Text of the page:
Taking this and the previous clause together, how would they affect the farmer who has a large grist ground and weighed out at the mill in his presence, and who subsequently offers it for sale to his neighbours?
The clause seems to be very inclusive. Whilst we are making provision to ease off the restrictions in the case of a farmer who wants to buy from the miller, it was not with the idea of putting him in a position to go into the selling business. It seems to me the clause is inclusive enough to catch any one violating it. (Reading):
Every person who sells, offers for sale, or has In his possession for sale, any bag, sack or similar packages of flour, meal, oats, rolled wheat or feed, which is not marked in accordance with the requirements of section 164a of this Act, shall be liable, on summary conviction, to a penalty-
Is there any reason why he should not be? For instance, he might get these small quantities weighed out to him at the mill, and then go out and sell them even though they were not up to brand and might be underweight. So long as we give the smaller buyer a chance to buy for himself, we have to include him in the penalty if he sets up as a seller afterwards. Otherwise, we should be opening a very wide door indeed.
I will try to explain. Let us look for a moment at the description of articles given in the section. Artichokes were not in the old law, but they are brought under this new'law and the weight is fixed at 56 pounds a bushel. No change has been made in the following articles: Beans, beets, bituminous coal, blue grass seed, castor beans, clover seed, hemp seed, lime, malt, onions, potatoes and timothy seed. Carrots were sixty pounds in the old Act, and are now made fifty pounds. Parsnips were sixty pounds in the old Act, and are now made forty-five pounds. Turnips were sixty pounds in the old Act and are now made fifty pounds. In regard to the weight of bag for certain articles, the rule observed is to make the bag the equivalent in pounds of a bushel and a half, so that there is agreement between the bag and the bushel in relation to the real weights included in each package. This has been a bone of contention for a good many years and it has been found very difficult to get a thorough accord. At the present time, I may say there is a general consensus of opinion in regard to the weight, and although everybody is not satisfied I think the great majority are. This Bill, passed by the Senate about four weeks ago, has been distributed, but I have had no protests from any sources with reference to the weights. I take it, therefore, that this is probably as good as we can do. It has the advantage of making a uniform weight for both bushels and bags all through the Dominion, and that is a great gain when interprovincial trade is increasing to such a large extent.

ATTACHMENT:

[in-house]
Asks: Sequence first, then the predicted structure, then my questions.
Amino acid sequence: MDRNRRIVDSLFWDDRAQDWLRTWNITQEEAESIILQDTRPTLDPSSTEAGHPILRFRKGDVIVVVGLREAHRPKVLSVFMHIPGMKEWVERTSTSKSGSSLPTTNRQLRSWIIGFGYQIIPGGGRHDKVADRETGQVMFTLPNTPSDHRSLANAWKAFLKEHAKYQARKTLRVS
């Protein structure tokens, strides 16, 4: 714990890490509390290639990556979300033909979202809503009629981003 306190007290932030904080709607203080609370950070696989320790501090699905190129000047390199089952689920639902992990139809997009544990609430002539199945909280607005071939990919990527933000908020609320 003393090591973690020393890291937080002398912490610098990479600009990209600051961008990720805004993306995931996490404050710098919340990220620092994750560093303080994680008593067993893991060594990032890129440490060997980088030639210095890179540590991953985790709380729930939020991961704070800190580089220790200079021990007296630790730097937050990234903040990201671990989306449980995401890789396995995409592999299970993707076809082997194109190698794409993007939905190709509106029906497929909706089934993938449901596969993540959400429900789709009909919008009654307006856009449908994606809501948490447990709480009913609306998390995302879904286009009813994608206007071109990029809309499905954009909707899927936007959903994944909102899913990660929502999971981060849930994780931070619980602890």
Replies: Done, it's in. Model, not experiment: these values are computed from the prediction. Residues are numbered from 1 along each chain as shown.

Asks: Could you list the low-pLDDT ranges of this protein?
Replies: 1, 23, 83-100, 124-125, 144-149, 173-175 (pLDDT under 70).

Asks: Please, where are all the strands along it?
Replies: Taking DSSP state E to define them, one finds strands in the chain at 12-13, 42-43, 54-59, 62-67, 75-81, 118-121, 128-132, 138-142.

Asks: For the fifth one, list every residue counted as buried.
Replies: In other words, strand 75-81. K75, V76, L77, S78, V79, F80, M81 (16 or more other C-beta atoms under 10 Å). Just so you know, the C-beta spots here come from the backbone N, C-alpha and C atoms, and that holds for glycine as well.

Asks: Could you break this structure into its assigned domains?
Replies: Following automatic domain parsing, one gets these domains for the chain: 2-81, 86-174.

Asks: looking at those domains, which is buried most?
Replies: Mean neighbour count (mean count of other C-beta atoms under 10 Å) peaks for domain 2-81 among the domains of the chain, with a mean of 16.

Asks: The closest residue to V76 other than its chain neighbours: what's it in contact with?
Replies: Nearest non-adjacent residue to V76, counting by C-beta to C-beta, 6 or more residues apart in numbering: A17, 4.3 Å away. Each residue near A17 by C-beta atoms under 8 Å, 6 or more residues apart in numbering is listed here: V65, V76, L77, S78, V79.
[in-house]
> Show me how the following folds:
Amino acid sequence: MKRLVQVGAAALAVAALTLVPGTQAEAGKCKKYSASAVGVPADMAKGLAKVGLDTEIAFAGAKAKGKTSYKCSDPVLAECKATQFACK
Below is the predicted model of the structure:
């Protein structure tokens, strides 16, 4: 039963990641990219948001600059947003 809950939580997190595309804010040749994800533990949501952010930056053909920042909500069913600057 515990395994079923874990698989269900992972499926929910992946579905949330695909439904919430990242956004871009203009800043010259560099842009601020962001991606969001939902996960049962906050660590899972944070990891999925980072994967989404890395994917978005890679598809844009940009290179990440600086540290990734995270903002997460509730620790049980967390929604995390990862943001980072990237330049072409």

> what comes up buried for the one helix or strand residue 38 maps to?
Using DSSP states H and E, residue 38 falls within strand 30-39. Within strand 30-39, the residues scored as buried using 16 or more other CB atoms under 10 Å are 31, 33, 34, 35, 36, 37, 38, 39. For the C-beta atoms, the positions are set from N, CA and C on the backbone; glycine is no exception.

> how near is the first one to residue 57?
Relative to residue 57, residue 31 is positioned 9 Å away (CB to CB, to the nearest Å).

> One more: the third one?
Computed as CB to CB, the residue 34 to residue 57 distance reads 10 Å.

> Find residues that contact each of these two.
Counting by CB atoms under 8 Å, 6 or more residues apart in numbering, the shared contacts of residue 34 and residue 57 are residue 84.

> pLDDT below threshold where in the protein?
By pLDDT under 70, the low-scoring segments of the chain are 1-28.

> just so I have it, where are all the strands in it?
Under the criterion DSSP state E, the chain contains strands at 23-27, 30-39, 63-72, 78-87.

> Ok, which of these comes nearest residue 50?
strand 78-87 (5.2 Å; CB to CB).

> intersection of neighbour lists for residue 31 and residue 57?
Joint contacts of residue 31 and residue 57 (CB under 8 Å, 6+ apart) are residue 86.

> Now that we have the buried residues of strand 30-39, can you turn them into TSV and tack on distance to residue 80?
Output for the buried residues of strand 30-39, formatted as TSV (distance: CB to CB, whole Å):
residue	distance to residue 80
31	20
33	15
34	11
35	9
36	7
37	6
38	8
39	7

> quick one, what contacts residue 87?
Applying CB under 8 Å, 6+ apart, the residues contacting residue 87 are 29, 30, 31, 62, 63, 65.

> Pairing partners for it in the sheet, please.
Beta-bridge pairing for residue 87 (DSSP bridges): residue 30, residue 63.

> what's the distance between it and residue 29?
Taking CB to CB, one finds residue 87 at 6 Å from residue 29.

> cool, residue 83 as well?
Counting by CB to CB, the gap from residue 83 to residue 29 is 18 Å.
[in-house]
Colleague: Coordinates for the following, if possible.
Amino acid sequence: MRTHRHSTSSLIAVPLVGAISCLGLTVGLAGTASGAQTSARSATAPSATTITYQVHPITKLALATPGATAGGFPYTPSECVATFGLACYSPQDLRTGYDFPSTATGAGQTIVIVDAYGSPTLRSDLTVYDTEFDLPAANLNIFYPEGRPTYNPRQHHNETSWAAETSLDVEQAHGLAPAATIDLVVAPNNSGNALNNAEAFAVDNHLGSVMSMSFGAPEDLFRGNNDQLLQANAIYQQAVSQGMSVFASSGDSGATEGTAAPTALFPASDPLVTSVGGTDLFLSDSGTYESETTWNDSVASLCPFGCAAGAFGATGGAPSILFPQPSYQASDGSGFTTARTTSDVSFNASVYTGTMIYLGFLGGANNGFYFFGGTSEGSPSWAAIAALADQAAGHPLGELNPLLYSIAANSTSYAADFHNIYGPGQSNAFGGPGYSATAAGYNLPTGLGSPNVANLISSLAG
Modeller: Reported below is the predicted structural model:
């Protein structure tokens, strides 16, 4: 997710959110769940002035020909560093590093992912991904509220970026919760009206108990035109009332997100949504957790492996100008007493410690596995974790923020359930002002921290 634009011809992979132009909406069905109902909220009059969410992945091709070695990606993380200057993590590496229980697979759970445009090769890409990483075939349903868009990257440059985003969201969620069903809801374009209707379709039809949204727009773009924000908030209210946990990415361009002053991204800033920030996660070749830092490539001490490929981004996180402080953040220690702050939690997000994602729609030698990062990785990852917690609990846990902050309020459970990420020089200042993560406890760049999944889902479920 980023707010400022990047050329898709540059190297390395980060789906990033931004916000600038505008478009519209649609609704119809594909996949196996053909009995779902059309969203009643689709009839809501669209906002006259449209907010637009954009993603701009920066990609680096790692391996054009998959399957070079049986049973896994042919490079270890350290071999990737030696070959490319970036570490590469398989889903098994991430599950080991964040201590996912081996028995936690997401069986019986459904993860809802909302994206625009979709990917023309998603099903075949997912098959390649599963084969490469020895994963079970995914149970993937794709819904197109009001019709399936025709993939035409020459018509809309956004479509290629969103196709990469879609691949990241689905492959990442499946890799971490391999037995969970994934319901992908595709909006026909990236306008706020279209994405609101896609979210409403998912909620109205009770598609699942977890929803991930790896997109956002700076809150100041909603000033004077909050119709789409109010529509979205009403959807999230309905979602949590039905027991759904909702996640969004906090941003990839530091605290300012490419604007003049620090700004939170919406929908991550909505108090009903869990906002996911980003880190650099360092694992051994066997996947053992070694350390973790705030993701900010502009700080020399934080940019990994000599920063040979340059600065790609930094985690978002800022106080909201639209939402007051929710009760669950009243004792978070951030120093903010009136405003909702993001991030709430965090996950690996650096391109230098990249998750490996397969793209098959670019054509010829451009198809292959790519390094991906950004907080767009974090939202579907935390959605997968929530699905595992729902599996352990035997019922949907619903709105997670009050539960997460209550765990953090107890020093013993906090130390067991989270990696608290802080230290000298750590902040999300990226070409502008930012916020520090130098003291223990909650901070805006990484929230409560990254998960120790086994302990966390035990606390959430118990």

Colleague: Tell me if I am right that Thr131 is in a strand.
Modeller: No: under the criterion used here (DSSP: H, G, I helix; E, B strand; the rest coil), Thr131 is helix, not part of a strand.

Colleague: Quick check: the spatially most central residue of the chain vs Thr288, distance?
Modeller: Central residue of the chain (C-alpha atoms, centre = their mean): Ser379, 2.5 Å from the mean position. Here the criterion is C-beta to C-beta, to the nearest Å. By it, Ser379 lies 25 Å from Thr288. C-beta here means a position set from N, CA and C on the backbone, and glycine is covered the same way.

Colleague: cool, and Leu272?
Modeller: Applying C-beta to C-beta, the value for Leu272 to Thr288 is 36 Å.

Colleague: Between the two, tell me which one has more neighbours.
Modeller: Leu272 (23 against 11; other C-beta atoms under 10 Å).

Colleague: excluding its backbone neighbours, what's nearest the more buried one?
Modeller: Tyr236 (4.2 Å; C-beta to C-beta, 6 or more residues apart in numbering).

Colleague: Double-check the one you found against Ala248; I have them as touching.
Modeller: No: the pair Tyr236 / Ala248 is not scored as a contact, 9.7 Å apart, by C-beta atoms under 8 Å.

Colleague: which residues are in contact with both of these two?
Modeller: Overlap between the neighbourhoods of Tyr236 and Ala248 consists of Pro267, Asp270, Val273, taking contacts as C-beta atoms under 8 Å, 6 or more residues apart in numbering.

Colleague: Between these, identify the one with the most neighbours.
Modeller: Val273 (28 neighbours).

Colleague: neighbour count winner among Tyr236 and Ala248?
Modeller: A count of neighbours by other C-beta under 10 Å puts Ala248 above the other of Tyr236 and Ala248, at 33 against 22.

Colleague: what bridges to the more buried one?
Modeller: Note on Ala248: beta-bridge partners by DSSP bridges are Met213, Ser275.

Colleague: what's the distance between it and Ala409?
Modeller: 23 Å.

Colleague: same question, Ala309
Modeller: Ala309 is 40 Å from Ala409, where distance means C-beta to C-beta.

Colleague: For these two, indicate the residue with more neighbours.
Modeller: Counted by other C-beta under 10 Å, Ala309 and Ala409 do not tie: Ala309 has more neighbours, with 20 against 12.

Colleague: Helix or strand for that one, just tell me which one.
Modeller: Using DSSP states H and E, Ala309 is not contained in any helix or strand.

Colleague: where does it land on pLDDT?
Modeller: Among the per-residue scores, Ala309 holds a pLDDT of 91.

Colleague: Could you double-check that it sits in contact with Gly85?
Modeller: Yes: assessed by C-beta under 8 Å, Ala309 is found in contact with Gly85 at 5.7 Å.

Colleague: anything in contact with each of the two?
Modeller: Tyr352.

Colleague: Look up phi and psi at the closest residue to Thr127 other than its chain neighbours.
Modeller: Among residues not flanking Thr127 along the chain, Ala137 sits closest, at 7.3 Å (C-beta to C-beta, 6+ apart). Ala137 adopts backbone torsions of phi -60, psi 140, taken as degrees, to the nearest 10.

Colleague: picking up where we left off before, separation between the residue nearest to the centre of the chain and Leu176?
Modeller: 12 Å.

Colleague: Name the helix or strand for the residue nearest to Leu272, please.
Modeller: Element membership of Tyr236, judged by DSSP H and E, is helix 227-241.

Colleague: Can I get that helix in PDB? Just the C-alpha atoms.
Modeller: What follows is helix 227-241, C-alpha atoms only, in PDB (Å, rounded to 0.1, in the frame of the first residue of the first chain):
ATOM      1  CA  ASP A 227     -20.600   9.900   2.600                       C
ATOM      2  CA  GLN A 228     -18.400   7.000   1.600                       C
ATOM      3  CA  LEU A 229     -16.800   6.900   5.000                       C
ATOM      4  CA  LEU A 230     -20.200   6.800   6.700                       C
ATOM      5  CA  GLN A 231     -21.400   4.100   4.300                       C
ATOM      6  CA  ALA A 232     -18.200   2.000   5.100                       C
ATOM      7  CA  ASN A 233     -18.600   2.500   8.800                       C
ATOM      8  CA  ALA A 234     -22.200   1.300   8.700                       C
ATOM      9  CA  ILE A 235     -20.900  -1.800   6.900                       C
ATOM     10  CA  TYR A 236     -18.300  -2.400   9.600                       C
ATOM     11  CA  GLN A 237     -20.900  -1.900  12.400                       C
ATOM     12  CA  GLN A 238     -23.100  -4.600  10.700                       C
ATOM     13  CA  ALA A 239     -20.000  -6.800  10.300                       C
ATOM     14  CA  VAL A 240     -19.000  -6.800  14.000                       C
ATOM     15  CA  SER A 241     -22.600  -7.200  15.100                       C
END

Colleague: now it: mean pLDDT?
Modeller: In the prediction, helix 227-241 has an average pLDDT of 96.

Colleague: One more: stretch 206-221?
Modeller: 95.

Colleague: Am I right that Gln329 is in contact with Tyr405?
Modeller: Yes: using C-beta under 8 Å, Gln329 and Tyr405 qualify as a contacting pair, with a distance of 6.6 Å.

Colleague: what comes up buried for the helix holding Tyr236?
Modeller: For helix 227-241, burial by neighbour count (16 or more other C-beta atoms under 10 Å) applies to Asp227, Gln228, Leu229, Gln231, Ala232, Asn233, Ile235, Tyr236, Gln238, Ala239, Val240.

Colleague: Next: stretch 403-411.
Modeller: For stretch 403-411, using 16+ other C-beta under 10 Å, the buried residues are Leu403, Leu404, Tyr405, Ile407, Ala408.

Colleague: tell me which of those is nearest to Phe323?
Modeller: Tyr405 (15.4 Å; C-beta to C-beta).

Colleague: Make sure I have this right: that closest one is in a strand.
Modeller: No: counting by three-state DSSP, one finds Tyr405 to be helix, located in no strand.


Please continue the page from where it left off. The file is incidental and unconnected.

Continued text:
The last legislation in regard to potatoes, introduced iby the hon. member for Carleton (Mr. Carvell), in 1911. placed the weight of a barrel at 160 pounds. This section places it at 165 pounds. We have taken opinions in regard to this, and I am able to say that my hon. friend is in favour of the change.
Will the hon. minister explain under what rule of equity he fines a miller ten cents for putting up a bag of flour or feed of short weight, while if a farmer puts up his vegetables short weight he is fined twenty-five dollars?